I believe that NDE accounts, like our theologies, offer glimpses of the nature of the universe, of the nature of God, the Source—choose your terminology—and that radiant or terrifying, they illuminate our understanding of where we are and what is required if we are to live well in this place:

The Sacred is in your midst. Pay attention. Love what is holy. Care for each other and for the world. Be just and merciful. Amen. Amen.

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The Yin Yang in an NDE of the Void http://www.dancingpastthedark.com/the-yin-yang-in-an-nde-of-the-void/ http://www.dancingpastthedark.com/the-yin-yang-in-an-nde-of-the-void/#comments Sun, 03 May 2015 19:53:59 +0000 http://www.dancingpastthedark.com/?p=1474 This mini-series of posts about reconciling my difficult experience of the Void[i]  came about because of a reader’s question. It was he, Steve, who introduced me two years ago to a stunning article on the Void by experiencer El Collie, and it was he, not I, who noticed that although I had posted her article here immediately and enthusiastically, I had totally avoided responding to it.

His recent question: “I’d really like to know how you actually view the void now and how you feel you’ve ‘come to terms’” via this view.” (Do not trifle with blog readers; they are made of stern stuff.)

Furthermore, he continues, “… regarding life’s balance, or the ‘yin/yang,’
I’ve never heard you expound on the obviously profound significance of this eastern symbol within your NDE. As impish as they were, they represented life: relativity, duality. Andbeing dualistic, they were Janus-faced, betraying life’s most profound paradox: Life as both savior and betrayer.”

Caught. I am indebted to readers in so many ways! Steve’s comments and his brilliant similes drive straight to the heart of the crux of things—what makes NDEs important, far beyond their superficial “golly-gosh” phenomenology. Beneath their eye-widening images lie treasures, if only we can get to them. Sometimes we are reluctant to go looking.

Life as both savior and betrayer. Ah.

What about those Yin Yang images?

Yin yang

Although it is difficult to remember such a possibility, the Yin Yang symbol was not universally recognizable throughout the United States in the early 1960s. From within mainstream Protestant culture of the time, I saw the images in my experience merely as unusual ‘circles.’ There was no deep familiarity with the symbol; it was not a part of my world, my upbringing, my understandings, and could bring nothing to my perceptions.

For one thing, what was an ancient Chinese philosophical symbol doing in the experience of a New England Congregationalist who did not understand it? What is the purpose of the Yin Yang here, and what can possibly be the purpose of a misunderstood symbol?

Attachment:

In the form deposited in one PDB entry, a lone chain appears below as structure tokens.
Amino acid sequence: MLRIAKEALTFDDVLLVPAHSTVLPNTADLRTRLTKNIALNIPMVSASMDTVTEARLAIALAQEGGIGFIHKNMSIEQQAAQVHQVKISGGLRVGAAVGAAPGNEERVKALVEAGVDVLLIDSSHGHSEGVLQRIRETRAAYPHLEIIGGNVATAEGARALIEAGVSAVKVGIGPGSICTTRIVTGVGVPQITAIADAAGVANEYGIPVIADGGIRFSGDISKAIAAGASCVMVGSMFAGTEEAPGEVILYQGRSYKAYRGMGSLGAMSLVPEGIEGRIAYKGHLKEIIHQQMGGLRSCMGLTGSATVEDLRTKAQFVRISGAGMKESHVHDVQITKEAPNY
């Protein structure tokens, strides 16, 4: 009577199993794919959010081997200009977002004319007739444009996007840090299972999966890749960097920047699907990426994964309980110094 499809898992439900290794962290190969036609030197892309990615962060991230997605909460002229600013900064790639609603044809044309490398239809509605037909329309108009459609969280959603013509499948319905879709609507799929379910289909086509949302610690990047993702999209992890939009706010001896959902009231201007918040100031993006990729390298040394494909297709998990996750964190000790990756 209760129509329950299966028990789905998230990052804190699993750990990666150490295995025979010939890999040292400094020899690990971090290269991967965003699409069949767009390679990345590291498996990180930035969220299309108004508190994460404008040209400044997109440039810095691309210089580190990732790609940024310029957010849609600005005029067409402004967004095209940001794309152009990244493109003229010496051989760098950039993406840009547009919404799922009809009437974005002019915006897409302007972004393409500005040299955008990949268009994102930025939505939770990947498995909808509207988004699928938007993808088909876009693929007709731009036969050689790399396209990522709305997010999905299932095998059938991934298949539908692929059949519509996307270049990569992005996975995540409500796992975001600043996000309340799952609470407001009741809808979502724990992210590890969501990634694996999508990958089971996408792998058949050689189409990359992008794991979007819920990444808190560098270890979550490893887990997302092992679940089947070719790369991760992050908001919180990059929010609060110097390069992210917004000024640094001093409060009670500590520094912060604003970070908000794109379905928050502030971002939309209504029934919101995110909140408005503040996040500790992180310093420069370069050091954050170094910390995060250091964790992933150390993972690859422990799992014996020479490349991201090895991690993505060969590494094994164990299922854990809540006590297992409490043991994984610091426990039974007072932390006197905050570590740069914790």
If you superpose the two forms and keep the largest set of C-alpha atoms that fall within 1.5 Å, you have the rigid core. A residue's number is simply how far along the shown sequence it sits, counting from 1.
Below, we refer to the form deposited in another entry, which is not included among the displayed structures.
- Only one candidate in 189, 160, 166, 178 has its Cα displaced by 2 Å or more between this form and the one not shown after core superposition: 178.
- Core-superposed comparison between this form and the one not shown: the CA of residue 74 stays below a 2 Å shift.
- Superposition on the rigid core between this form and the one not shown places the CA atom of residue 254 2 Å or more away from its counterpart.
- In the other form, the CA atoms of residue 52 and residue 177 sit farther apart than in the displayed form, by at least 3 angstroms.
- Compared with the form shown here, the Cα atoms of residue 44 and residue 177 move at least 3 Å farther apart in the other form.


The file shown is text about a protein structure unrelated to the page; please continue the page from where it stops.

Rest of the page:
This is as good a spot as any in which to answer Steve’s question: At base, I have no idea how the Yin Yang got into my NDE or what purpose it might have served. In terms of immediate utility, it was a wasted effort, as I understood nothing about it. However, perhaps with a touch of that cosmic humor with which the world is possessed, in the long run, the impossibility of answering has helped me keep an open mind; and given fifty years and the comments of others, I can at least now piece together a response which seems to me to hold together. (Whether it is true or not is beyond my pay grade to know.)

The holding together

In its most common definition, the Yin Yang is a symbol of opposites in conflict. From a more accommodating perspective, Scottish homeopathic physician Bob Leckridge says, “I love what it represents, that flowing balance of darkness and light, the harmony of the male and female energies, and the subtle hint that each opposite contains the other.” Nowadays, everyone pretty much smiles and agrees. Similarly, in Wikipedia’s nuanced definition, the symbol describes “how apparently opposite or contrary forces are actually complementary, interconnected, and interdependent in the natural world, and how they give rise to each other as they interrelate to one another. …[They represent] complementary (rather than opposing) forces that interact to form a dynamic system in which the whole is greater than the assembled parts.”

Because I had no such understanding, for many years the only resonance for me was not  ‘flowing balance’ but the dread associated with a message I took to mean universal annihilation. The Yin Yang as symbol remained submerged beneath the shock of the Void as experiential residue; it has taken a long time and a determined effort for me to be able to distinguish between the power and elegance of the symbol and the lingering devastation of the experience.

It is in this sense that Steve’s simile strikes home: The Yin Yang (my ‘circles’) as our most profound paradox: Life, both savior and betrayer.

What is the betrayal and what the salvation?

As a culture, we are not, in this literal, technological age, skilled in interpreting symbols, and much escapes us. Given enough thought, though, it is possible to recognize, as a Dutch theologian has noted,[ii] that “Despite the differences in meaning-making, human beings from different cultures and religions do not only share the human symbolizing capacity called culture, but also meet the same basic problems. These problems belong to the ‘existentials,’ the fixed features of human existence. Religious experience is marked by them.”